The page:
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Will higher crude prices spook this bull market?

By Krishna Kant
February 01, 2018 08:45 IST
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Crude oil prices have more than doubled, pushing up India's import bill and raising fears of a higher current account and fiscal deficit.
This will impact corporate earnings, experts tell Krishna Kant.

Can higher crude prices spook this bull market?
Photograph: Reuters

The twin tailwinds of low bond yields and cheap crude oil that were driving equity markets in India, despite lacklustre corporate earnings, are now receding.

Crude oil prices have more than doubled from the lows of 2016 pushing up India's import bill and raising fears of a higher current account and fiscal deficit.

A persistently higher deficit translates into a weaker rupee and higher consumer inflation.


Bulls are also facing the heat from a steady rise in bond yields both in India as well as in the US.

As a result, the additional earnings potential on equity investment becomes lower, compared with investments in debt.

Experts say that corporate earnings yields should be higher than bond yields to compensate for the risk associated with equity investments.

But the two are moving in opposite direction right now, reducing the financial incentive for further equity investments.

The earnings yield for a broad portfolio of 340 BSE 500 index companies is down 120 basis points (bps) in the last 12 months, while the yield on 10-year government bonds is up 100 bps and 16 bps in India and the US, respectively.

As a result, the current spread of earnings yield over bond yield is the lowest in a decade.

The current rally started when bond yields and commodity prices began to decline from their record highs in 2013.

For instance, earnings yield for the BSE500 companies was around seven per cent in 2013, just a notch below treasury yield in India and nearly three times the treasury yield in the US.

This provided a big potential upside to investors factoring in the potential rise in corporate earnings.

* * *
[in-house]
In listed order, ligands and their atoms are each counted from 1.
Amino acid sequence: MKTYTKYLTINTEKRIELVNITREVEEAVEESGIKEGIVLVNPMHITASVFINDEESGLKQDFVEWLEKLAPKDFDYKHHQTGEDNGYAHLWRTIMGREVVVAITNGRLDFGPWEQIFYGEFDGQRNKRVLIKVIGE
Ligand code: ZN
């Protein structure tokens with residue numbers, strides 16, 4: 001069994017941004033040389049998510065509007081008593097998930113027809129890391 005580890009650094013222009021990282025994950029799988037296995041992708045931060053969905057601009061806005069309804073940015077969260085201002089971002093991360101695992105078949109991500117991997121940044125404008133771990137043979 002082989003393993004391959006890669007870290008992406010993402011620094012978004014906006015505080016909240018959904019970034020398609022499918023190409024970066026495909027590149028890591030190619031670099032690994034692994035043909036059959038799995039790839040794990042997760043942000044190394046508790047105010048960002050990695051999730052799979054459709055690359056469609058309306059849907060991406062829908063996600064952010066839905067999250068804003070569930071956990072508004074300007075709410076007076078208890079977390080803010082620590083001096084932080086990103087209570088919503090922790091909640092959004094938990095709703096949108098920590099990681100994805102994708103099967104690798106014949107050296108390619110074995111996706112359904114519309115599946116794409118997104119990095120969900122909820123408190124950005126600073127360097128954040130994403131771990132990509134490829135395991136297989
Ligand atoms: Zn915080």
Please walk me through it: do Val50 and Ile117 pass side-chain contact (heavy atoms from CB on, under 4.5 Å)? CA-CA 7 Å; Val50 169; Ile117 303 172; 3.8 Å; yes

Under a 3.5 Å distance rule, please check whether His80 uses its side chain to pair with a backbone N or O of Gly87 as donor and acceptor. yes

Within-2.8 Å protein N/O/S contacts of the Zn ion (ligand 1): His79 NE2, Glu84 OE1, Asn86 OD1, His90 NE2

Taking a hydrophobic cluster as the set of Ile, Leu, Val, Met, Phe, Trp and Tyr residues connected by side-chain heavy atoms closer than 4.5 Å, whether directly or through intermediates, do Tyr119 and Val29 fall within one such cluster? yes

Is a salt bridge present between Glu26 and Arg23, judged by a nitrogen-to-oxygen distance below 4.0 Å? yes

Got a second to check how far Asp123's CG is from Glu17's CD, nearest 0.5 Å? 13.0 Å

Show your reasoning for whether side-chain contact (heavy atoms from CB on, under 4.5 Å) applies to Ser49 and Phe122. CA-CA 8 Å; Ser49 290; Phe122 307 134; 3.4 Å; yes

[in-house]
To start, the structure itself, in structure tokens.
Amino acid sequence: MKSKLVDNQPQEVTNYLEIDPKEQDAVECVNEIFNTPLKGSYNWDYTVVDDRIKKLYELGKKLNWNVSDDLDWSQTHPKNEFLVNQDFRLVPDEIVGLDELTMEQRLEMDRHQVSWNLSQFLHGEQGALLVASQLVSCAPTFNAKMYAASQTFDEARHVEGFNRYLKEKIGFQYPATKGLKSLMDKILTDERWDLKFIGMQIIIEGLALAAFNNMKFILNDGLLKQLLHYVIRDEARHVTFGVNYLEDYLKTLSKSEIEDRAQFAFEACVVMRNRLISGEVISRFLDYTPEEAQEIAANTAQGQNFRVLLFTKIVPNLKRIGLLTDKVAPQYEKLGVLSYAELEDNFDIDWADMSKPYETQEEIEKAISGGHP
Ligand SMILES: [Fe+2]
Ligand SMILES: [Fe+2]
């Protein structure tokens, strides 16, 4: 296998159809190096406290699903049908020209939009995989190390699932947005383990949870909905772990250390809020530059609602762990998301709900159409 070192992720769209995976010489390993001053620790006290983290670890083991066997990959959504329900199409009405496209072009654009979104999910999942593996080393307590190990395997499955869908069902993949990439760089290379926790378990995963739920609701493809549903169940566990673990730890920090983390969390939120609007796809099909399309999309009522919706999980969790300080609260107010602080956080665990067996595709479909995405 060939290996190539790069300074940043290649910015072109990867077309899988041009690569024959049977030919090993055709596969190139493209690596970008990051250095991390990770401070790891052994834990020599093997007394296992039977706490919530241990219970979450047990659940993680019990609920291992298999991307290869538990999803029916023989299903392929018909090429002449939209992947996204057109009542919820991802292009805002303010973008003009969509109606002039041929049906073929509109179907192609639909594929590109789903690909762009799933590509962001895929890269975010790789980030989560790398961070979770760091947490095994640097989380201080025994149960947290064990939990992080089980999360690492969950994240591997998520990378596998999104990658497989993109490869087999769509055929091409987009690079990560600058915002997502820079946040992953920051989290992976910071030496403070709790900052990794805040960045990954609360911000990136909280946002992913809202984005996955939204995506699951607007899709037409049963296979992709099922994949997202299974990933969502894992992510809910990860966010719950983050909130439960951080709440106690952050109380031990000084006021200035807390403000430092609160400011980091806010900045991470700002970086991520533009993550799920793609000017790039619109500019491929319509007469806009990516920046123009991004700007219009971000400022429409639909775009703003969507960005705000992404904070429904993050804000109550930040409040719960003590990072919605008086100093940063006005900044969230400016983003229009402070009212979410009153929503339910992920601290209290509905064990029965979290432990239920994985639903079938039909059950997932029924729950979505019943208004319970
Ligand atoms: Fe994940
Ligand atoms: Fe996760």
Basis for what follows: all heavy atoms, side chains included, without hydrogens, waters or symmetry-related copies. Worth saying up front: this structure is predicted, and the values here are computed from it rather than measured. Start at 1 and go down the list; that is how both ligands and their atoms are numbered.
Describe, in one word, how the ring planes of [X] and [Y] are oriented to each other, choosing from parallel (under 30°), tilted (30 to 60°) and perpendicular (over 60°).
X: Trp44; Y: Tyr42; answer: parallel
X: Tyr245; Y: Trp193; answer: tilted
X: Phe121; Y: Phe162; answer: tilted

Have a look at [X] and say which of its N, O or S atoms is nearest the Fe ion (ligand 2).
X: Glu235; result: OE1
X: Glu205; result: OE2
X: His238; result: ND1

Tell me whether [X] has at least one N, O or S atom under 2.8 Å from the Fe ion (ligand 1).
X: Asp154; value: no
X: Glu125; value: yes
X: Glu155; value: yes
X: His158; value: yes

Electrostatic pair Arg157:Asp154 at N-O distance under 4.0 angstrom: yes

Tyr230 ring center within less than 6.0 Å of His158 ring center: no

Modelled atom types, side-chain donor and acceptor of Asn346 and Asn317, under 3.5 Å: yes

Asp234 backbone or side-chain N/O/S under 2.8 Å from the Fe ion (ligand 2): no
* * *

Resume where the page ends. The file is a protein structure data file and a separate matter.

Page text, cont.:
Earnings yield is calculated by dividing a company's latest trailing 12-months (TTM) net profit by its market capitalisation and shows the potential yield for an investor if the company distributes its entire annual profits as equity dividends.

Earnings yield has fallen to a decade low due to a combination of poor earnings growth and higher stock prices.

The BSE 500 firms' combined net profit (on TTM basis) is up two per cent in last one year against a 35 per cent rally in stock prices.

"Lower energy prices and benign liquidity (read low interest rates) provided a bonanza to the Indian economy," says Dhananjay Sinha, head of research, Emkay Global Financial Services.

"While the former lowered our imports, boosted corporate margins," Sinha points out, "the latter supported capital inflows. Now these twin tailwinds are receding and it will weigh on equity prices unless corporate earnings pick up strongly from here on."

According to an estimate by Business Standard, the BSE 500 companies saved Rs 15 trillion in the last five years on account of lower energy and commodity prices boosting their profits by 40 per cent during the period.

Nearly 80 per cent of these gains accrued in the last three years when oil prices began to decline in June 2014.

Even a partial roll-back of these gains would be negative for corporate earnings.

At the macro-level, lower crude oil prices provided a revenue bonanza to the central government and sharply cut India's current account deficit.

The country's current account deficit improved from a record low of 6.5 per cent of gross domestic product in September 2012 to 0.1 per cent of gross domestic product in March 2016 quarter.

This helped the rupee-dollar exchange rate to stabilise as also aided capital inflows into the country.

"The speed of the tailwinds was the strongest in early 2016 and it's largely gone now," says G Chokkalingam, founder and managing director, Equinomics Research & Advisory.

"Global growth is on an upswing, which provides further impetus to commodity prices that will translate into greater import bill and higher input cost for corporate houses."

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Krishna Kant
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